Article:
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Do No Harm: Stories of Life, Death, and Brain Surgery (2014)

by Henry Marsh

Other authors: See the other authors section.

MembersReviewsPopularityAverage ratingMentions
1,1034518,412 (4.06)83
"Neurosurgeon Henry Marsh reveals the fierce joy of operating, the profoundly moving triumphs, the harrowing disasters, the haunting regrets, and the moments of black humor that characterize a brain surgeon's life. If you believe that brain surgery is a precise and exquisite craft, practiced by calm and detached surgeons, this ... brutally honest account will make you think again"--Amazon.com.… (more)
  1. 00
    What Doctors Feel: How Emotions Affect the Practice of Medicine by Danielle Ofri (fountainoverflows)
    fountainoverflows: While Marsh's book is ostensibly a collection of stories about experiences with neurosurgery patients, there is a great deal to be gleaned about doctors'--and, in particular, surgeons' emotional states, especially when the diagnosis is very grim.… (more)
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» See also 83 mentions

English (40)  Spanish (3)  Catalan (1)  Danish (1)  All languages (45)
Showing 1-5 of 40 (next | show all)
An odd book describing in detail brain surgery operations with risky outcomes, and the experience of the surgeon behind the work. The person, author, is by far a perfect human but is forced to act in a role that is beyond the everyday, and expect to be responsible for all sorts of trouble for his patients as alternative to death. You get something strange from this book, a sense of big themes of life, how culture handles them, the humanity of disease and the strange machine that wraps around the medical profession. ( )
  yates9 | Feb 28, 2024 |
Interesting look at neurosurgery. ( )
  cathy.lemann | Mar 21, 2023 |
Al estilo de Oliver Sacks. No querés dejar de leer. Emotivo. ( )
  Alvaritogn | Jul 1, 2022 |
A really engaging book that manages to makes its complex subject matter (brain surgery) accessible and fascinating. Marsh throws in a fair amount of commentary on the state of the modern NHS but his writing is never preachy and the book overall is satisfying and thought provoking. His meditations on death and the question of whether we should avoid it at all costs are especially interesting. ( )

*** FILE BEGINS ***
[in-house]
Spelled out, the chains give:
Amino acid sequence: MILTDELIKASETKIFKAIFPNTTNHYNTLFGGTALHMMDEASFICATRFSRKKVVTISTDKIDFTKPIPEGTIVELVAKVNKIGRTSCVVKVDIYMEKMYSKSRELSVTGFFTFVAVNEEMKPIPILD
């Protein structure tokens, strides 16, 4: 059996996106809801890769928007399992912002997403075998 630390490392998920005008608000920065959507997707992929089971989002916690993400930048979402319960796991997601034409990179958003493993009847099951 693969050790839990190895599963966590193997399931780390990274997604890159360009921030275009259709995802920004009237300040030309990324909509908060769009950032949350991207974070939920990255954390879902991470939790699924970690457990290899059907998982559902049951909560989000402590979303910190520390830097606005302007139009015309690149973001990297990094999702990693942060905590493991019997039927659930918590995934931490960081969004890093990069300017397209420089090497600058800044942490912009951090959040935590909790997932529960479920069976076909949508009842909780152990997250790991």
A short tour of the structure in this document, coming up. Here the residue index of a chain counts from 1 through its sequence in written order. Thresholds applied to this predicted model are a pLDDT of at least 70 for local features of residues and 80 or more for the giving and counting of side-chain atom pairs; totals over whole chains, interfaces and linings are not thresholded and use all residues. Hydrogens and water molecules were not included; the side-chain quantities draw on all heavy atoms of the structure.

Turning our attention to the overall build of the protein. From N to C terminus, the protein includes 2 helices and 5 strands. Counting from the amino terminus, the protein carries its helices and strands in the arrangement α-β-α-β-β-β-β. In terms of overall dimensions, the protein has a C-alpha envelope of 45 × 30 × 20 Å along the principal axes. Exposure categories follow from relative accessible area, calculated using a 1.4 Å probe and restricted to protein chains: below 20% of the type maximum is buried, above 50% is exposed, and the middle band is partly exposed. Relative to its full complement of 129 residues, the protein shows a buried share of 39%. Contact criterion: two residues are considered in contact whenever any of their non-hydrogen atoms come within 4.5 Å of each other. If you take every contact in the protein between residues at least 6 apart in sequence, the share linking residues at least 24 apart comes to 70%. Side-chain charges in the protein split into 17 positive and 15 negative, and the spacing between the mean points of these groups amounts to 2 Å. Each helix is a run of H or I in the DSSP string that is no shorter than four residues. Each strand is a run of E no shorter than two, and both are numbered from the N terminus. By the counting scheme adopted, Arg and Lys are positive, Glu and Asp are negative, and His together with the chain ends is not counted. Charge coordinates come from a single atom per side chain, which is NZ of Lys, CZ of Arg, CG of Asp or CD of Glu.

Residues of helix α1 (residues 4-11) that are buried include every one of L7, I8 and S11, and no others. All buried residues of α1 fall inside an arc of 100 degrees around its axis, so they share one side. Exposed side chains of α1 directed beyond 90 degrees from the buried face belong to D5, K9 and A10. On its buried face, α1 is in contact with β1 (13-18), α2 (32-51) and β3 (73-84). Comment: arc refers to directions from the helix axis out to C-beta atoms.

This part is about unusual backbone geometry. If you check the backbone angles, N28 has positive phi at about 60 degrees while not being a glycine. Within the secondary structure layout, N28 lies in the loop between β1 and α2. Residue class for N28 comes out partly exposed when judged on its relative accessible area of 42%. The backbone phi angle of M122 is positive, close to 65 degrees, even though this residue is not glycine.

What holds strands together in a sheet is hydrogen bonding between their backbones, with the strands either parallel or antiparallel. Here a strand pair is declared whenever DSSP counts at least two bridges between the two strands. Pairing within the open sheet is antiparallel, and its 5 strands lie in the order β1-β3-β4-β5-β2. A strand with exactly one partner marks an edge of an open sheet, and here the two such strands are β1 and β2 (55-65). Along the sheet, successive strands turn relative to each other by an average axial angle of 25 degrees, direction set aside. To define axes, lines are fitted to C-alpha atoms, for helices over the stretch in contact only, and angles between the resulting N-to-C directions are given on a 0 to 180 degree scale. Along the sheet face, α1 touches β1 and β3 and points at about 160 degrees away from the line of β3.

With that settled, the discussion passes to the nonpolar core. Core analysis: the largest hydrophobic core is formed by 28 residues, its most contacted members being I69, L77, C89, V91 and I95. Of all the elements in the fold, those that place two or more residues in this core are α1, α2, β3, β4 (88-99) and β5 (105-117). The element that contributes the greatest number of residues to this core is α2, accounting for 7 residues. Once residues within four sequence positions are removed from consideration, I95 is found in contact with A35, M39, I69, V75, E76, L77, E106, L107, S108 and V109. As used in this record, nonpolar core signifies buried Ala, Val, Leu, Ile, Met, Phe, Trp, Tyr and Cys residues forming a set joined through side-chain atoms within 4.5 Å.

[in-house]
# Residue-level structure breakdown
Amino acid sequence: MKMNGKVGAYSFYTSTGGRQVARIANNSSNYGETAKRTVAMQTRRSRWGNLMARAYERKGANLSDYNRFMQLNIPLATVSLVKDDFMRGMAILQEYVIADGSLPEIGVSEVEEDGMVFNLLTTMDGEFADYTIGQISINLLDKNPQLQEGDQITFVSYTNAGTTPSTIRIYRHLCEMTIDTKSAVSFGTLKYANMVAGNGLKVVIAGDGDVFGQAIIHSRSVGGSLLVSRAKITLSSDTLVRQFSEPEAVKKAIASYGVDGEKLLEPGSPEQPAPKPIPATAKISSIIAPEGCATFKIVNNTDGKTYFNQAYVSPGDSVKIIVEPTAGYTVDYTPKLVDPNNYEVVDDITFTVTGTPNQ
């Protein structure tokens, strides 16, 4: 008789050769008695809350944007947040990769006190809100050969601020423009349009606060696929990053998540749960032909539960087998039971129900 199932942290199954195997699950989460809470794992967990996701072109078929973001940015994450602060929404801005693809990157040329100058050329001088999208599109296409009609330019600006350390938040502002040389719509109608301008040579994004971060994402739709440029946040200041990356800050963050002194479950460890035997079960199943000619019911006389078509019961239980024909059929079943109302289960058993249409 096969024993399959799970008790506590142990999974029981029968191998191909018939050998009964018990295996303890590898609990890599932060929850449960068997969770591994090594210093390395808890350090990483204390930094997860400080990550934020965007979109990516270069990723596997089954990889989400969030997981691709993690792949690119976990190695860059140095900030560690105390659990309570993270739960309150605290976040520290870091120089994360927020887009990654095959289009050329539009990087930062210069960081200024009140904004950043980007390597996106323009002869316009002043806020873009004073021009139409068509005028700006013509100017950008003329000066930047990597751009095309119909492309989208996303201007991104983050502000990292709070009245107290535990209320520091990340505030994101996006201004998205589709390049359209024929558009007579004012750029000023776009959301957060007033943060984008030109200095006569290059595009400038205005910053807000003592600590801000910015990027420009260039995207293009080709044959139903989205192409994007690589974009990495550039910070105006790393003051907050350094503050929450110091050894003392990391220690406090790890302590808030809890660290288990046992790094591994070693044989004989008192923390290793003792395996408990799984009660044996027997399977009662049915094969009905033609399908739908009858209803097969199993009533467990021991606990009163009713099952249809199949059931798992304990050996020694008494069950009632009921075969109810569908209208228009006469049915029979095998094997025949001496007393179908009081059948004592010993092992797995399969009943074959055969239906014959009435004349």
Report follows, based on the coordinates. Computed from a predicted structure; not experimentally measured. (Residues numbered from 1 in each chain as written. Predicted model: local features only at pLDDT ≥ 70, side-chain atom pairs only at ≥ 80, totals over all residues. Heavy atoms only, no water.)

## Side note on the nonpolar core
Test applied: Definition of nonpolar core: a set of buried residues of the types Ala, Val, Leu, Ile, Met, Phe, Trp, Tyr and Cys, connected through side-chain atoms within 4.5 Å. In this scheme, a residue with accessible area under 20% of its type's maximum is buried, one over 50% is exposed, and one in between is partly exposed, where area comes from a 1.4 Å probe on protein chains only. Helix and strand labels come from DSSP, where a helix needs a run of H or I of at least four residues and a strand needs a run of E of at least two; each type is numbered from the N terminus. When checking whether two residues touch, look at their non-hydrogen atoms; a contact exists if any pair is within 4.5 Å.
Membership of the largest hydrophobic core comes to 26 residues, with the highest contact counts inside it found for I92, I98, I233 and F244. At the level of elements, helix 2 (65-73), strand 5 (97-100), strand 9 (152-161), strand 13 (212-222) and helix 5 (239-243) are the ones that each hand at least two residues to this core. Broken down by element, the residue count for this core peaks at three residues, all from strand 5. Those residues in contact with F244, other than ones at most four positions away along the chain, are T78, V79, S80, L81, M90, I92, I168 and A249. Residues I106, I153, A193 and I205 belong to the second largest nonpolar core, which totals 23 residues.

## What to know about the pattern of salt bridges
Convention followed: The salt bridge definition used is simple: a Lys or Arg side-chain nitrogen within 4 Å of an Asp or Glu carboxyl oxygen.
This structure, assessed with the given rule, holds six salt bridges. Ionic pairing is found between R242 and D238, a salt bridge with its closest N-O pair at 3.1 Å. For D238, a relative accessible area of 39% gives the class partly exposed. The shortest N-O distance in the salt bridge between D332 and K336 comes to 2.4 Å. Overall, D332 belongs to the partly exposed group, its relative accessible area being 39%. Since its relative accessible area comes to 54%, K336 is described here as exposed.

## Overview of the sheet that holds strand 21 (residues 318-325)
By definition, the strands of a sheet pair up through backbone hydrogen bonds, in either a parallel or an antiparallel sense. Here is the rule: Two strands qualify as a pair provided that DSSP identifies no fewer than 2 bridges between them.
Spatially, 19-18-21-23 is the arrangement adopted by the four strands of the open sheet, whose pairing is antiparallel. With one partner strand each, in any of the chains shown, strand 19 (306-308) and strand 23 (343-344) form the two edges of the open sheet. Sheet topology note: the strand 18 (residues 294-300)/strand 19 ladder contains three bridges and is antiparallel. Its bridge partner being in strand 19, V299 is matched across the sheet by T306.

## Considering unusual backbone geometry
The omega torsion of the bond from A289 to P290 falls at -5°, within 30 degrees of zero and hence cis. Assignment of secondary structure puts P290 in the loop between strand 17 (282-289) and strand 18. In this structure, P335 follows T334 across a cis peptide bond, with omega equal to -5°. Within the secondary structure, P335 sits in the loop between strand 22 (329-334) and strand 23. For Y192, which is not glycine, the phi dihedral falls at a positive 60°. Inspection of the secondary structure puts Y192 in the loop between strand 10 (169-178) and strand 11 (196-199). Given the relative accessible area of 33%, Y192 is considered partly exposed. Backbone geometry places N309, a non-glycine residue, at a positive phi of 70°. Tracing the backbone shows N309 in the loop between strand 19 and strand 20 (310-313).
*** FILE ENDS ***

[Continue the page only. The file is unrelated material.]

whatmeworry | Apr 9, 2022 |
一開始當作(又一本)神外故事會看,但中段開始基調逐漸改變,作者開心見誠地談論自己的失敗,剖析自己遇到無法救治的病人或者手術失敗的病例時的所思所想,還反覆吐槽NHS管理得如何官僚死板,讓普通人一窺醫生這一職業背後的壓力和煩惱。 印象比較深刻的章節,一是作者自述其公學牛津drop out gap完回校再轉行的游刃有餘白人中產人生(……),二是官僚制度無論在蘇聯解體後的烏克蘭還是在倫敦都死死把控住治病救人的醫院,三是作者反思自己年輕時因自大而手術失敗、使病人成爲植物人,印象最爲深刻的四則是作者照料臨終母親、以及散見於各章節的對死亡的思考。看完很强烈的一個感受是,in Cantonese,人命真係好化學…… ( )
  puripuri | Sep 9, 2021 |
Showing 1-5 of 40 (next | show all)
As a young doctor just starting out, Henry Marsh watched a neurosurgeon operate on a woman’s brain, going after a dangerous aneurysm that could rupture and kill her. This kind of surgery — taking place several inches inside the patient’s head — was perilous, and often compared, as he writes in his riveting new memoir, to bomb disposal work, “though the bravery required is of a different kind as it is the patient’s life that is at risk and not the surgeon’s.”

There was “the chase,” as the surgeon stalked his prey deep within the brain, then “the climax as he caught the aneurysm, trapped it, and obliterated it with a glittering, spring-loaded titanium clip, saving the patient’s life.” More than that, Dr. Marsh goes on, “the operation involved the brain, the mysterious substrate of all thought and feeling, of all that was important in human life — a mystery, it seemed to me, as great as the stars at night and the universe around us. The operation was elegant, delicate, dangerous and full of profound meaning. What could be finer, I thought, than to be a neurosurgeon?”

Dr. Marsh would become one of Britain’s foremost neurosurgeons, and in this unflinching book, “Do No Harm,” he gives us an extraordinarily intimate, compassionate and sometimes frightening understanding of his vocation. . . . .
 

» Add other authors (27 possible)

Author nameRoleType of authorWork?Status
Henry Marshprimary authorall editionscalculated
Barclay, JimNarratorsecondary authorsome editionsconfirmed
Grlic, OlgaCover designersecondary authorsome editionsconfirmed
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"Neurosurgeon Henry Marsh reveals the fierce joy of operating, the profoundly moving triumphs, the harrowing disasters, the haunting regrets, and the moments of black humor that characterize a brain surgeon's life. If you believe that brain surgery is a precise and exquisite craft, practiced by calm and detached surgeons, this ... brutally honest account will make you think again"--Amazon.com.

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